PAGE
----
Rhythm and Blues
Anthony Kershaw discovers the rhythmic and tonal secrets of Anthem's Pre 1P phono stage
The Canadian manufacturer, Sonic Frontiers, markets their Anthem product line as "the key to high end". Although considered the budget side of the company, a recent factory tour revealed that many of the same high quality parts and exacting production values of Sonic Frontiers' showcase gear are used in the Anthem equipment. Observation told us that a very satisfying system could be put together exclusively from Anthem's CD 1 CD changer, Pre 1P phono stage, Pre 1L line stage preamplifier and Amp 1 stereo power amplifier. There is also the Integrated 1 integrated amplifier if your choice is an electronically simpler route.
interviewed Sonic Frontiers' Vice President, Chris Johnson, he stated
that the company is market driven. His Anthem products' price and
quality go a long way in satisfying a section of the market that can
be volatile and quirky in its needs. The Anthem products and
philosophy proved intriguing, initiating us to request some of the
line for review [Look for Anthony Kershaw's review of the CD1 CD
changer in May. Ed]
In the box...
Installation of the tubes was a snap - even a solid-state of mind guy like me accomplished the task with nary a sweat bead in sight. A gentle push into the easily identifiable sockets and voila, you're smokin'! The Pre 1P's tube complement gives off a very gentle warmth, one that will allow rack placement if desired. Just leave the recommended four inches of space above for ventilation and you're set.
The front of the Pre 1P speaks of fine craftsmanship, sporting a large extruded aluminum faceplate (available in silver or black) with power button and LED. The rear panel also tells the same constructive tale. The IEC AC power cord is detachable, and all inputs and outputs are unbalanced on RCA connectors of the gold plated/Teflon variety. Completing the rear panel is a sturdy ground post.
The Pre 1P can accommodate most MC or MM cartridges, .4mV or greater. There is also optional cartridge loading for those who wish to tailor the input loading characteristics of their cartridge. The four stations on the circuit board will make simple work of soldering your particular capacitor or resistor requirement.
The circuit board is laid out simply to preserve signal integrity and employs high-quality parts such as Rel-Cap and ERO custom capacitors; Roderstein, IRC and Holco resistors are also used. Kimber Kable is the hookup wire of choice. The marketing literature makes special mention of the "accurate split of passive/active RIAA equalization to minimize alteration of musical timbre". Whether or not this is wholly accurate, I'm not sure. However, the Pre 1P did render orchestral instruments with uncanny truthfulness, maximizing the involvement of this listener. And with 48dB of gain, only the most insensitive of systems need not apply.
The noise floor was impressively low, a quality I admire in fine phono equipment. In this regard, the Pre 1P out-performed the phono stage of my Arcam Alpha Nine integrated amplifier. This was a good thing because, for all its magic, the Rega Planar 3/RB300 analogue front-end I used was more translucent than transparent. Also noted was the Pre 1P's inviting smoothness, characteristic of well-selected tubes. But after a while, I found the smoothness began to rob a little life from the music. This effect was very subtle and took time in affecting my listening sensibilities. Sadly, it left me wondering about long term ownership of the Pre 1P. I know audiophiles who crave this type of presentation, and if truth be told, it is singularly beautiful. However, I need a little more dynamism, and to find it, I had to return to the Arcam's inexpensive, but highly regarded, phono stage.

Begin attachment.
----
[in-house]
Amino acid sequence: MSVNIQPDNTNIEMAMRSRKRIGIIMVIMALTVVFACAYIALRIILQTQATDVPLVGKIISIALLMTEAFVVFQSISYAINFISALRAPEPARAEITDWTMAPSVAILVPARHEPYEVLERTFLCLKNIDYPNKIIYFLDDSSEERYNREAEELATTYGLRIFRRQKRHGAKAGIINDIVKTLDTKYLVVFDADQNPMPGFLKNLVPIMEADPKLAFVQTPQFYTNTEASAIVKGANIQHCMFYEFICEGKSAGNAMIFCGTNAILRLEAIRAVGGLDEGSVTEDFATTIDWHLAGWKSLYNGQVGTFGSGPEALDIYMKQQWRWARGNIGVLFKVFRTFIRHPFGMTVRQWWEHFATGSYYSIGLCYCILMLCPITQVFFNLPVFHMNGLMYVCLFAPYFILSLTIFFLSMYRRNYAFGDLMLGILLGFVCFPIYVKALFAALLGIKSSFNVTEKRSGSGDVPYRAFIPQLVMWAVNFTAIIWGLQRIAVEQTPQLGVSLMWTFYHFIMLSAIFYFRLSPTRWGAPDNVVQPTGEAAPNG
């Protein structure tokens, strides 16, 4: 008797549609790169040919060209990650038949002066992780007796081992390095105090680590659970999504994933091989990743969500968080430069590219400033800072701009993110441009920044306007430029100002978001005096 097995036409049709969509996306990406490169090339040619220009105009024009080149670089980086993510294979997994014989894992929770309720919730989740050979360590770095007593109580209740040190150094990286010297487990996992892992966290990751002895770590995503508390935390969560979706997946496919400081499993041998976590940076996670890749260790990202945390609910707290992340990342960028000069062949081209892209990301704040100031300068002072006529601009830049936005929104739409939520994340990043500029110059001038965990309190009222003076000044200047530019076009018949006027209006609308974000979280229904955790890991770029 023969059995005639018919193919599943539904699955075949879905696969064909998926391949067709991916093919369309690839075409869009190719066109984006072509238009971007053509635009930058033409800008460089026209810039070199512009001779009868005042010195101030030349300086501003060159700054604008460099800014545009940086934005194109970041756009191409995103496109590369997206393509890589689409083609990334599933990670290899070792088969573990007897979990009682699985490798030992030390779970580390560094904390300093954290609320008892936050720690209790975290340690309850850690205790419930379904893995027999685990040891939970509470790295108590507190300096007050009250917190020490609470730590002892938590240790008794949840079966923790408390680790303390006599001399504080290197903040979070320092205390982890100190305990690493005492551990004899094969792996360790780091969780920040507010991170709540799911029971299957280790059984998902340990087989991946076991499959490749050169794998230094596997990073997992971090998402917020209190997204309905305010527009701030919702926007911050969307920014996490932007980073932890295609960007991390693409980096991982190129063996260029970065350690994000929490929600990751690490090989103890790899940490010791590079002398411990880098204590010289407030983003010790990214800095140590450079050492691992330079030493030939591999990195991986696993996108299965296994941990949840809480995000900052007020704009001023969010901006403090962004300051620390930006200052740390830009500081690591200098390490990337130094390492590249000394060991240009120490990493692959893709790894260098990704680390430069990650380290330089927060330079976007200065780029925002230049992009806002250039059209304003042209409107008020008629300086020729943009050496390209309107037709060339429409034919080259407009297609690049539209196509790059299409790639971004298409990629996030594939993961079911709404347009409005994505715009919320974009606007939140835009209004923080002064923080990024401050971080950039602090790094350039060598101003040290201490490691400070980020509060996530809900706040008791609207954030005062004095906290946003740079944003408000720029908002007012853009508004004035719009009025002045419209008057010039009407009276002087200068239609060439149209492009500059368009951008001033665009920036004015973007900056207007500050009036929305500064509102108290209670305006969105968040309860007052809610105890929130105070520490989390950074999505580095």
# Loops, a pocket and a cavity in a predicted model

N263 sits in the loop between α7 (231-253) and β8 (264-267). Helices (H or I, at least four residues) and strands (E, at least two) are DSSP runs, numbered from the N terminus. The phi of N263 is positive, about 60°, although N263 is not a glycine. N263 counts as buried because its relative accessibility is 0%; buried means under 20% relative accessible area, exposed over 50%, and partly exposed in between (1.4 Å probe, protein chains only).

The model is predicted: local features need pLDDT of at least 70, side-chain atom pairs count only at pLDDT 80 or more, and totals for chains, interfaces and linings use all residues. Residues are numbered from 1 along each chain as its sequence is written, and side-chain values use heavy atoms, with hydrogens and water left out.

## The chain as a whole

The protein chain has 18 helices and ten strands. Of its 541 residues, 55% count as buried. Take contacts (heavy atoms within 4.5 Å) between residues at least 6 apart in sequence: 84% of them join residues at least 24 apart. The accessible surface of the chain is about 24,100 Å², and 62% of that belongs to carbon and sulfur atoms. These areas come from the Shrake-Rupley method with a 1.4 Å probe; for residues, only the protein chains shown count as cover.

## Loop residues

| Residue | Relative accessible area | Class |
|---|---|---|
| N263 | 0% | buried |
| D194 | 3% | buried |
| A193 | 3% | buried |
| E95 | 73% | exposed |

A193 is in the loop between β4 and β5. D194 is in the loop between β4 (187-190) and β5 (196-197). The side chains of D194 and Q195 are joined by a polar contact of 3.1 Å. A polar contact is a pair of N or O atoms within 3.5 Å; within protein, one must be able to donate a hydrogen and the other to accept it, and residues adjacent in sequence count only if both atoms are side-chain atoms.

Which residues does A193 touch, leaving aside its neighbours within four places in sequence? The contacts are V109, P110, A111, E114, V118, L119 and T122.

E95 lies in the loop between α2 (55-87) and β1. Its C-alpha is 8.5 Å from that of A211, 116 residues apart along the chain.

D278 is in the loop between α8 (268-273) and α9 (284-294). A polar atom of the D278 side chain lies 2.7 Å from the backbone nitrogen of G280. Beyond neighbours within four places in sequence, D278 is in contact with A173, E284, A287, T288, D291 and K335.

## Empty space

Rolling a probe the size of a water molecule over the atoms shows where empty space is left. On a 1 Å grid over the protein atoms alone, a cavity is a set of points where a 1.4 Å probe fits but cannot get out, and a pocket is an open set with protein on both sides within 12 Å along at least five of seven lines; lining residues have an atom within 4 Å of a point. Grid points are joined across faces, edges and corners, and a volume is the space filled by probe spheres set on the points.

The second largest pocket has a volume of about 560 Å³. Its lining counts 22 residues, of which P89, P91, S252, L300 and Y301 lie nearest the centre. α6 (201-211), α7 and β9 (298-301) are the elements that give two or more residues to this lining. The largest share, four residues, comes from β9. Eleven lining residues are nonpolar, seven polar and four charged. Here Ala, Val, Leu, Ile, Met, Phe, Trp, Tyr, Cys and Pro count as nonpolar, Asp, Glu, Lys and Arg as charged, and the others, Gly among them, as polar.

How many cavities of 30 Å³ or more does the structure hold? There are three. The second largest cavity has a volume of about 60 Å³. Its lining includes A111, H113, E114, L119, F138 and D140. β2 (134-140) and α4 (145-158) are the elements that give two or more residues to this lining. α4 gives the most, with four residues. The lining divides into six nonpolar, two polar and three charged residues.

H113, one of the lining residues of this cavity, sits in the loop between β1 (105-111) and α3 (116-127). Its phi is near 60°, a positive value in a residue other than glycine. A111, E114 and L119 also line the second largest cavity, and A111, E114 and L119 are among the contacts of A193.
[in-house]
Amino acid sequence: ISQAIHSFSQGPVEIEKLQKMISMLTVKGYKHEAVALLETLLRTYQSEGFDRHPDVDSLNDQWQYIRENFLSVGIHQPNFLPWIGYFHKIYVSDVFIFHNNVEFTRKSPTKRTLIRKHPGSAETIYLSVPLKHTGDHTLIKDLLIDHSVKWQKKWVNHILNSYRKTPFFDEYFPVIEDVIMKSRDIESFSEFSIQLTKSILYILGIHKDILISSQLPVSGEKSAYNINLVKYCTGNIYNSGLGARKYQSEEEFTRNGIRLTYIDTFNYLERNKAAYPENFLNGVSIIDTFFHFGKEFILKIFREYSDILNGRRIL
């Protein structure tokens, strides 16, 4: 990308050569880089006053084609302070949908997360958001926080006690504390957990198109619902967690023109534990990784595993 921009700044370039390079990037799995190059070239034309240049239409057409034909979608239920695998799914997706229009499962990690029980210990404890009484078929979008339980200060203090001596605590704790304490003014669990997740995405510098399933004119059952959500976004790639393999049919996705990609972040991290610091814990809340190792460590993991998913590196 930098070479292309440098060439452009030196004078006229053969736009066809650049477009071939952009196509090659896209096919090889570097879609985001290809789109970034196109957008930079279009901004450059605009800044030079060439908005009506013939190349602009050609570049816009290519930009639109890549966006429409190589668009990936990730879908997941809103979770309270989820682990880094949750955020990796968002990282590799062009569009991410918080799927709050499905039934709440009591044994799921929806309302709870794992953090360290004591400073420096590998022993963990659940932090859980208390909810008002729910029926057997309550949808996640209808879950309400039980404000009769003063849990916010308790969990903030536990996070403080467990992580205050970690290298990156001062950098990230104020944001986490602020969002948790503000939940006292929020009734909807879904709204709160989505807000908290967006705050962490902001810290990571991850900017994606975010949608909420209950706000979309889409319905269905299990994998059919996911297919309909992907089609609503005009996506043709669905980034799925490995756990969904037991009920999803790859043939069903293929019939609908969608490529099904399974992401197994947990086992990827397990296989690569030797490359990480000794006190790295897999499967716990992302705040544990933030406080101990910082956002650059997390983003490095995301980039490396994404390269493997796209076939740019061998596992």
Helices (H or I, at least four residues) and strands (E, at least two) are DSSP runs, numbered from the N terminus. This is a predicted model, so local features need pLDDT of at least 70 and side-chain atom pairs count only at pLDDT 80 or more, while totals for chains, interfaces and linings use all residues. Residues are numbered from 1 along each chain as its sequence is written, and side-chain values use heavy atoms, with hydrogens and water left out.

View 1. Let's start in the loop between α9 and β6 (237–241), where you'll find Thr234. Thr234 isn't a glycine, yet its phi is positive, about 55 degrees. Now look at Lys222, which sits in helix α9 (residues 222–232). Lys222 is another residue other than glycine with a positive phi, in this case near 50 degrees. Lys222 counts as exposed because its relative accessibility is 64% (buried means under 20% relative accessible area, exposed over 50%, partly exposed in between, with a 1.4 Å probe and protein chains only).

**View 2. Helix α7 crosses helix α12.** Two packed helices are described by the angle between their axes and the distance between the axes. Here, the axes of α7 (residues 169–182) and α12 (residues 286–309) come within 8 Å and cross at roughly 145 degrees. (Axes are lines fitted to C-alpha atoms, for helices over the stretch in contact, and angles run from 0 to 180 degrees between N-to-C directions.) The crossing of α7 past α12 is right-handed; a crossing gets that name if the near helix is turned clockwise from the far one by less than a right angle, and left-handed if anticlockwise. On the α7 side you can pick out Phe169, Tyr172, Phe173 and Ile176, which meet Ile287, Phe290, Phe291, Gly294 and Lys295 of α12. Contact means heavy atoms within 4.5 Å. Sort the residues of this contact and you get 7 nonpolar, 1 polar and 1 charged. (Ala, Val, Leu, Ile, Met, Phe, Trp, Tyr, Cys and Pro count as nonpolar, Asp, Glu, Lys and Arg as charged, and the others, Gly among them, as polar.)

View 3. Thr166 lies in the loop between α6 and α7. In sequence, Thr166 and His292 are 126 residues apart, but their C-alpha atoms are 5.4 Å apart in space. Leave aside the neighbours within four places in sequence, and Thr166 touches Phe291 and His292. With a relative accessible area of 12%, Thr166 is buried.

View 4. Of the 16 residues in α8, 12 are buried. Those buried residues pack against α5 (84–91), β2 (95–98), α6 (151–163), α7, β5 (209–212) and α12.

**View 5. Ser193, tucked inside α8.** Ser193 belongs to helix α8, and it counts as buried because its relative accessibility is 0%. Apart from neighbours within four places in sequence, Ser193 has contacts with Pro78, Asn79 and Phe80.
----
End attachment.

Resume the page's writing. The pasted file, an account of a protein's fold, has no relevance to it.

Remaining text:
The cold month of February put me in a Tchaikovsky mood. The emotional feeling he musters can be intense. So, out came his symphonies, from the underrated No.1 (Winter Dreams) to the shattering No.6 (Pathetique), while not forgetting his greatest, the Manfred Symphony. The tonal balance of the Pre 1P helped considerably in smoothing out the vagaries of my Deutsche Gramophone pressings, especially the symphonies conducted by Herbert von Karajan and Claudio Abbado. When listening to these LPs through the Arcam's phono stage, I am attacked with constant glare. Happily, it was with this type of pressing that the Pre 1P's effulgent nature helped the most. The performances became involving and allowed me to experience the magnificence of the Berlin Philharmonic Orchestra. Usually, I try to ignore the DGG vinyl tone and make great efforts to hear (or imagine) Karajan's considerable interpretive powers.
Jazz made its way onto the platter regularly. One of my all-time favourite albums is Power of Three (Bluenote BTC 85133), a live set from Montreux (1986). It showcases Michel Petrucciani on piano and features Wayne Shorter on tenor sax and Jim Hall on guitar. The combined musical ability on this album is staggering. It has everything: great improvisation, power and subtlety, all captured on a fine recording. I have heard this record recently through phono stages by Classé, Audible Illusions, Joule Electra and Benz-Lukaschek. Most illustrated the great performances exceptionally well. The Pre 1P's presentation was admirable rather than exciting. The first track, Limbo, is splendid in its communicative power. The piano and guitar play as rhythm section while Shorter blows his original chart through the roof. His technique and breathy tone swung easily, but did not dance. Dynamism returned to Montreux with a quick switch to the Arcam.
Pre 1P Phono Stage
Manufactured by Sonic Frontiers Inc.
2790 Brighton Road, Oakville, Ontario, Canada, L6H 5T4
phone: (905) 829-3838, fax: (905) 829-3033,
e-mail:SFI@sonicfrontiers.com, web: http://www.sonicfrontiers.com
Source of review sample: Manufacturer loan
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